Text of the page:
OB-GYNs Urge Women to Get Advance Plan B Prescriptions
Women should get a prescription for emergency contraception (EC) now, in case they need it later, advises the new "Ask Me" campaign by the American College of Obstetricians and Gynecologists. The campaign, launched Monday, seeks to bypass the FDA, which has not yet approved Plan B, a brand of emergency contraception, for over-the-counter sales despite the recommendations of its own scientists.
“We want women to be prepared, well before a contraceptive failure or unprotected sex occurs. Afterward may be too late,” said ACOG President Doctor Michael Mennuti in a press release. Greater access to the morning-after pill could prevent nearly half of the 3 million unwanted pregnancies reported each year in the US.
Emergency contraception is most effective if taken within 24 hours of unprotected sex, birth-control failure, or rape. Most states require a doctor’s prescription, which takes time and therefore increases risk of pregnancy. Making access even more difficult, in some states pharmacists can refuse to fill EC prescriptions based on religious beliefs.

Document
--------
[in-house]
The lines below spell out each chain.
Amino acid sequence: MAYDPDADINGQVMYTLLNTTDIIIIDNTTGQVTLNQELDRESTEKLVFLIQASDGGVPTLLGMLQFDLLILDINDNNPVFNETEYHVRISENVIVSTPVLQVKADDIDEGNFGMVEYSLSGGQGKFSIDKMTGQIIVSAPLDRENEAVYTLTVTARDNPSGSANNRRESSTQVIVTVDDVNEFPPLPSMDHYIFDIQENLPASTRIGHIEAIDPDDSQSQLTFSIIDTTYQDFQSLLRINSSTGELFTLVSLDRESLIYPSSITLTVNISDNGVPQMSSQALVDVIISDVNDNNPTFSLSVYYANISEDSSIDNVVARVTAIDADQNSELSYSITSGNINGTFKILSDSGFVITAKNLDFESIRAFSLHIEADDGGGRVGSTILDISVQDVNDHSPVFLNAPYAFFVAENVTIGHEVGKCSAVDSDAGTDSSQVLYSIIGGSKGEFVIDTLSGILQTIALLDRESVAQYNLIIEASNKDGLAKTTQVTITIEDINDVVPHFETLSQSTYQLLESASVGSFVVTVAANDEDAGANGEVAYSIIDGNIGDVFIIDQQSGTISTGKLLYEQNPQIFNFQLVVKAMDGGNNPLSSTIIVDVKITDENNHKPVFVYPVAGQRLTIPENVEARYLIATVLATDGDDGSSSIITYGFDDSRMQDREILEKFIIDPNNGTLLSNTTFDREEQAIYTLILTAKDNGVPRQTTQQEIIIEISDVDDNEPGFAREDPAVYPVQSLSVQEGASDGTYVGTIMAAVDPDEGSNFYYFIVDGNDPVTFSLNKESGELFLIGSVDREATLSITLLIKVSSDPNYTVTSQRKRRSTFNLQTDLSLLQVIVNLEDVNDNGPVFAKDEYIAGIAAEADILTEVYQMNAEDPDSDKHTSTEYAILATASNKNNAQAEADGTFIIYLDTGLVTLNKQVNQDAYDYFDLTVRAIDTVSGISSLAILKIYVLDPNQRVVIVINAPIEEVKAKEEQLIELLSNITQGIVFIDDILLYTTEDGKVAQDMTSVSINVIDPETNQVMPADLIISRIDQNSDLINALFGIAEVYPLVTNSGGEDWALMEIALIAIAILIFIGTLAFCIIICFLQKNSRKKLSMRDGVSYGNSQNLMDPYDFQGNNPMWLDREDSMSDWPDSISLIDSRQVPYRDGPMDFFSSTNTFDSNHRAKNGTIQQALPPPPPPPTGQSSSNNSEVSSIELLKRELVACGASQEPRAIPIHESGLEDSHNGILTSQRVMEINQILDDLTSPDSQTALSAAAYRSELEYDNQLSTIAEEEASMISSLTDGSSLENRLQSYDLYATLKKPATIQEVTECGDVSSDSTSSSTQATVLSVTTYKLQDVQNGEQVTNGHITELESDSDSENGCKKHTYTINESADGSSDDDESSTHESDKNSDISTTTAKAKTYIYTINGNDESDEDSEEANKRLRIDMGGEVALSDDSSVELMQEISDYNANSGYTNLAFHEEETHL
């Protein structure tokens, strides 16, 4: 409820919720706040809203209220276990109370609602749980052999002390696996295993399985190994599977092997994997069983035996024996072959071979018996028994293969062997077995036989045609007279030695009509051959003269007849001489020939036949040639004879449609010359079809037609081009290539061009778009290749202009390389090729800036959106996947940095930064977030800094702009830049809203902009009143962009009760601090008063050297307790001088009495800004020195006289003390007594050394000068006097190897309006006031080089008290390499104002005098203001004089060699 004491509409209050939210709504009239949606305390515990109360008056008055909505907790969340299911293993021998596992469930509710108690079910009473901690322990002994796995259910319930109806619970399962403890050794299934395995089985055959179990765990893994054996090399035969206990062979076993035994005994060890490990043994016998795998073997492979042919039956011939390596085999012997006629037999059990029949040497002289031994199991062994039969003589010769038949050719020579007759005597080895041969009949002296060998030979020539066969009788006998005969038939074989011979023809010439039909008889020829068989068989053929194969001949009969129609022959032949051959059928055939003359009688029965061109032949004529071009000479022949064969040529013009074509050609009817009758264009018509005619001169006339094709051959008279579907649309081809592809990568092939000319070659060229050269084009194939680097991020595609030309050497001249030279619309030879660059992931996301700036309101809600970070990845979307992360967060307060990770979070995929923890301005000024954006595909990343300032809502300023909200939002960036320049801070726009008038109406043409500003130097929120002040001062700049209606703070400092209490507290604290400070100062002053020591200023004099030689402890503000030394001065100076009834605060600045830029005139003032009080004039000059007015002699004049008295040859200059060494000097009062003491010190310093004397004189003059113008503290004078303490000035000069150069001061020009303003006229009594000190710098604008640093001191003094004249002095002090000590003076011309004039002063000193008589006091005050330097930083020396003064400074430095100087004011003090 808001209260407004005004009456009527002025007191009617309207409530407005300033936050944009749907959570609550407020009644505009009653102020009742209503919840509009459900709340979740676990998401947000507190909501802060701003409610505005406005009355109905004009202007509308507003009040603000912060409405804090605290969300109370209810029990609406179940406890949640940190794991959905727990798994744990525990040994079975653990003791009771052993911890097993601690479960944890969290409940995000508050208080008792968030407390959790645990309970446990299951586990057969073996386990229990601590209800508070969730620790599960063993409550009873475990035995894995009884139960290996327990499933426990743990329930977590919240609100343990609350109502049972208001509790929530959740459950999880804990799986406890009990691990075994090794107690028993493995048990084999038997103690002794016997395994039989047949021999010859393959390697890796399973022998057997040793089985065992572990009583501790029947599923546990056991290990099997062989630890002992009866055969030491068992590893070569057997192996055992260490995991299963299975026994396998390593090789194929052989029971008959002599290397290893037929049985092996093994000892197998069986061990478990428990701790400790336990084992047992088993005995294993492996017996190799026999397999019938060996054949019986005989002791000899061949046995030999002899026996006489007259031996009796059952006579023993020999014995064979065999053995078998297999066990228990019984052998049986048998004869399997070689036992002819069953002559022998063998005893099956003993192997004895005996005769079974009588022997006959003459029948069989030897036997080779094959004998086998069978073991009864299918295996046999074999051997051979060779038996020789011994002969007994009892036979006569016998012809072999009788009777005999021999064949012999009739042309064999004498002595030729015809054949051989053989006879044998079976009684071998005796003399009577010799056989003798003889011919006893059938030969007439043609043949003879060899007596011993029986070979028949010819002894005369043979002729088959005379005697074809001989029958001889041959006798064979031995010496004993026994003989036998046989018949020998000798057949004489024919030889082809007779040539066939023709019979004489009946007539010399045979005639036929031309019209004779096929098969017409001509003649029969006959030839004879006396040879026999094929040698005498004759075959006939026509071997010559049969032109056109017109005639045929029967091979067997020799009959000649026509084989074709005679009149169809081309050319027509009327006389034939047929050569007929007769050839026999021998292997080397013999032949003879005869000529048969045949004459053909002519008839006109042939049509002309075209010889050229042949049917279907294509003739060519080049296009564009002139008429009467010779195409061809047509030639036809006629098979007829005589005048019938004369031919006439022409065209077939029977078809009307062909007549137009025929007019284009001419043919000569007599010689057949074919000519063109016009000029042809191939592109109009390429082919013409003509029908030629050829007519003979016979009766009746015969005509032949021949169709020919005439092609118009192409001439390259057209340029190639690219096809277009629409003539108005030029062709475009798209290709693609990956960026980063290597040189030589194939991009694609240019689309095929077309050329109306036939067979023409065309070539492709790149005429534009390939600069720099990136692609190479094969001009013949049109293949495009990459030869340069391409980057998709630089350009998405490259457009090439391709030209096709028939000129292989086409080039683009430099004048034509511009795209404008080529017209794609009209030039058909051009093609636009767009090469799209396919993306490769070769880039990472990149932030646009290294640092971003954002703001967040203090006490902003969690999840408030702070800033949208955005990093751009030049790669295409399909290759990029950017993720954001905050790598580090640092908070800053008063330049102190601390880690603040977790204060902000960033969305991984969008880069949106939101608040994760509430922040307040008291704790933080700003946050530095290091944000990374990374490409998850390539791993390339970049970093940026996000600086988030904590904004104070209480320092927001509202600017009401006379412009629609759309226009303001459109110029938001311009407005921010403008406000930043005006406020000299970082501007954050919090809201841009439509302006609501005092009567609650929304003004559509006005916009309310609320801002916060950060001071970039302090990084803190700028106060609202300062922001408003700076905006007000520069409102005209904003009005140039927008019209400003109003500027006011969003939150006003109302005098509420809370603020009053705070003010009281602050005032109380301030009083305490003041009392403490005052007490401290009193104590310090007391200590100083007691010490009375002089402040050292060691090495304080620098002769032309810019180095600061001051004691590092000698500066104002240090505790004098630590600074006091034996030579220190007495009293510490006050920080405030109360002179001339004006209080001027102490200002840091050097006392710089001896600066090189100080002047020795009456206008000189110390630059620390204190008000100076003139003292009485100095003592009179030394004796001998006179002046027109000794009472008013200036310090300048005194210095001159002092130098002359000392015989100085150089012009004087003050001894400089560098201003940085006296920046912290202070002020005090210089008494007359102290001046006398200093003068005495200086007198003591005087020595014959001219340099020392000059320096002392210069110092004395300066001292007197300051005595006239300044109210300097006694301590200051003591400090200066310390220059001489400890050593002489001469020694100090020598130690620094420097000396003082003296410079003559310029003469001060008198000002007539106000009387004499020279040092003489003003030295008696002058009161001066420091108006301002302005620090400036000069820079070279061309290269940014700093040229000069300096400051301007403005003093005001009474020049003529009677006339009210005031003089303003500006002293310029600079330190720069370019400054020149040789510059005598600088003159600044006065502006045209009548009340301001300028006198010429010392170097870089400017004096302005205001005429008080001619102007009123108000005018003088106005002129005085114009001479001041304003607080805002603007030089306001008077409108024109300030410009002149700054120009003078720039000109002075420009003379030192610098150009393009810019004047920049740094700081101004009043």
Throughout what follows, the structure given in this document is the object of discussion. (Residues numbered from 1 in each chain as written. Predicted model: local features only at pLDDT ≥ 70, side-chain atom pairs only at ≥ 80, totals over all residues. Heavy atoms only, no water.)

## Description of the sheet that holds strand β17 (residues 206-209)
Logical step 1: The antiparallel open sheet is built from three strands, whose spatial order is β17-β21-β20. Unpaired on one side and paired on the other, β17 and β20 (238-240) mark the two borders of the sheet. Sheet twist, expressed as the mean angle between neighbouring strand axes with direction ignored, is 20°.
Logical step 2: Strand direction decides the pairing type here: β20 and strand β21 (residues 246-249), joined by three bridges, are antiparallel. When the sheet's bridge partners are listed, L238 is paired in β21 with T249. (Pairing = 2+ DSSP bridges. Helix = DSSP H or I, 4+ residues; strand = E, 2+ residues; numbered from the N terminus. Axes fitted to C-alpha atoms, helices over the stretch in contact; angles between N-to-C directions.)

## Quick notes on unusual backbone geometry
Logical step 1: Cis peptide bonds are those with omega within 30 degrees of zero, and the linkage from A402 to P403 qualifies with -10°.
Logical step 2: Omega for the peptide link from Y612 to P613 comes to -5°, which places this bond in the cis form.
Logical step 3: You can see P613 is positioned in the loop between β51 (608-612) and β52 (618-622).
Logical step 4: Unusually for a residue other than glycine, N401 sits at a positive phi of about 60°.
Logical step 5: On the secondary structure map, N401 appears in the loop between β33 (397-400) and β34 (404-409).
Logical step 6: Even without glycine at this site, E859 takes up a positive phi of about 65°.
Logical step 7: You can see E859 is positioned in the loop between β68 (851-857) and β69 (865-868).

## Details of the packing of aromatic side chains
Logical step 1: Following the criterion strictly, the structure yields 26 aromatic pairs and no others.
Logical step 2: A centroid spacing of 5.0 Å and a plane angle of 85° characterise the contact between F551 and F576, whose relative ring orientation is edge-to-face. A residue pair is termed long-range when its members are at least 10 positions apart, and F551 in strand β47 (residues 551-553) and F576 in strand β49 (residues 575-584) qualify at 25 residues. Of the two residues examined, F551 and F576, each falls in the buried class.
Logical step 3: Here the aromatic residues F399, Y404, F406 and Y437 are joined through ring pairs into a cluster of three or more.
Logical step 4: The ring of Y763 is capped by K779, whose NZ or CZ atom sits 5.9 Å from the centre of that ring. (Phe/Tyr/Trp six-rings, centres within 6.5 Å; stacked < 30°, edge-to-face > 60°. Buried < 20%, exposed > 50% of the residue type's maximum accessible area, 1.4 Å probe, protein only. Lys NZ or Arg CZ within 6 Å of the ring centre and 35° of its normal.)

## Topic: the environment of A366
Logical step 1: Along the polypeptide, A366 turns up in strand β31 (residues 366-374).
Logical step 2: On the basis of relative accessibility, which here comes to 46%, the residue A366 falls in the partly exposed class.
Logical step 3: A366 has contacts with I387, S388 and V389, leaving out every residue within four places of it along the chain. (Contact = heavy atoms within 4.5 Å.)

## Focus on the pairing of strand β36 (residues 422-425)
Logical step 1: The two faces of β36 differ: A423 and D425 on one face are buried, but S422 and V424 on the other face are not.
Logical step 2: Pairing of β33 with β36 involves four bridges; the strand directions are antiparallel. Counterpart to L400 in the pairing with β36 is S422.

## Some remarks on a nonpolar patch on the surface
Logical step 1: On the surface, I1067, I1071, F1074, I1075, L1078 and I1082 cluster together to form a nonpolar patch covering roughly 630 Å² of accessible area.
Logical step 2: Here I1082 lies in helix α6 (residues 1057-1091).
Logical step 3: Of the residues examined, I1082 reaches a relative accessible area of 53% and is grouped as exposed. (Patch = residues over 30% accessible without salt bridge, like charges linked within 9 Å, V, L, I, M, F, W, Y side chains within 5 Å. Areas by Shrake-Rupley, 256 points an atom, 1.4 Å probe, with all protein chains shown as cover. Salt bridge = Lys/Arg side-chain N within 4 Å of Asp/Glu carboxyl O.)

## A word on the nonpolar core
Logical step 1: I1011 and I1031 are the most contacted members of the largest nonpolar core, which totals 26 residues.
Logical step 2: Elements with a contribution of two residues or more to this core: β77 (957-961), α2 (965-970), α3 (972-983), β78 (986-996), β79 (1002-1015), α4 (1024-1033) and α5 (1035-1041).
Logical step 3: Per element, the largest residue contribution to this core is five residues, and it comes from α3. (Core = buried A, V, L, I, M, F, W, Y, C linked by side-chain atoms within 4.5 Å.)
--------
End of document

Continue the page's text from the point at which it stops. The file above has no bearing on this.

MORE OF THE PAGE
2/27/2015 This Bipartisan Bill Will Hold Colleges Accountable for Ending Campus Sexual Assault - A bipartisan bill aimed at holding colleges and universities accountable for rape and sexual assault cases was introduced in Congress yesterday, spearheaded by Senator Kirsten Gillibrand (D-NY).
Some of the Campus Accountability and Safety Act's key key provisions include a requirement of confidential reporting systems on colleges and universities, minimum training requirements for campus personnel, and stricter penalties for schools found to be in violation of Title IX or the Clery Act. . . .
2/26/2015 If This Bill Passes Federal Law Will Add Consent to Sex Ed Curriculums - Right now, federal law does not require health or sex education to include sexual assault prevention - but that could change with a new bill introduced by Senators Claire McCaskill (D-MO) and Tim Kaine (D-VA).
The Teach Safe Relationships Act of 2015, which was introduced earlier this month, would require all public secondary schools in the country to include teaching "safe relationship behavior" in order to help prevent domestic violence and sexual assault. . . .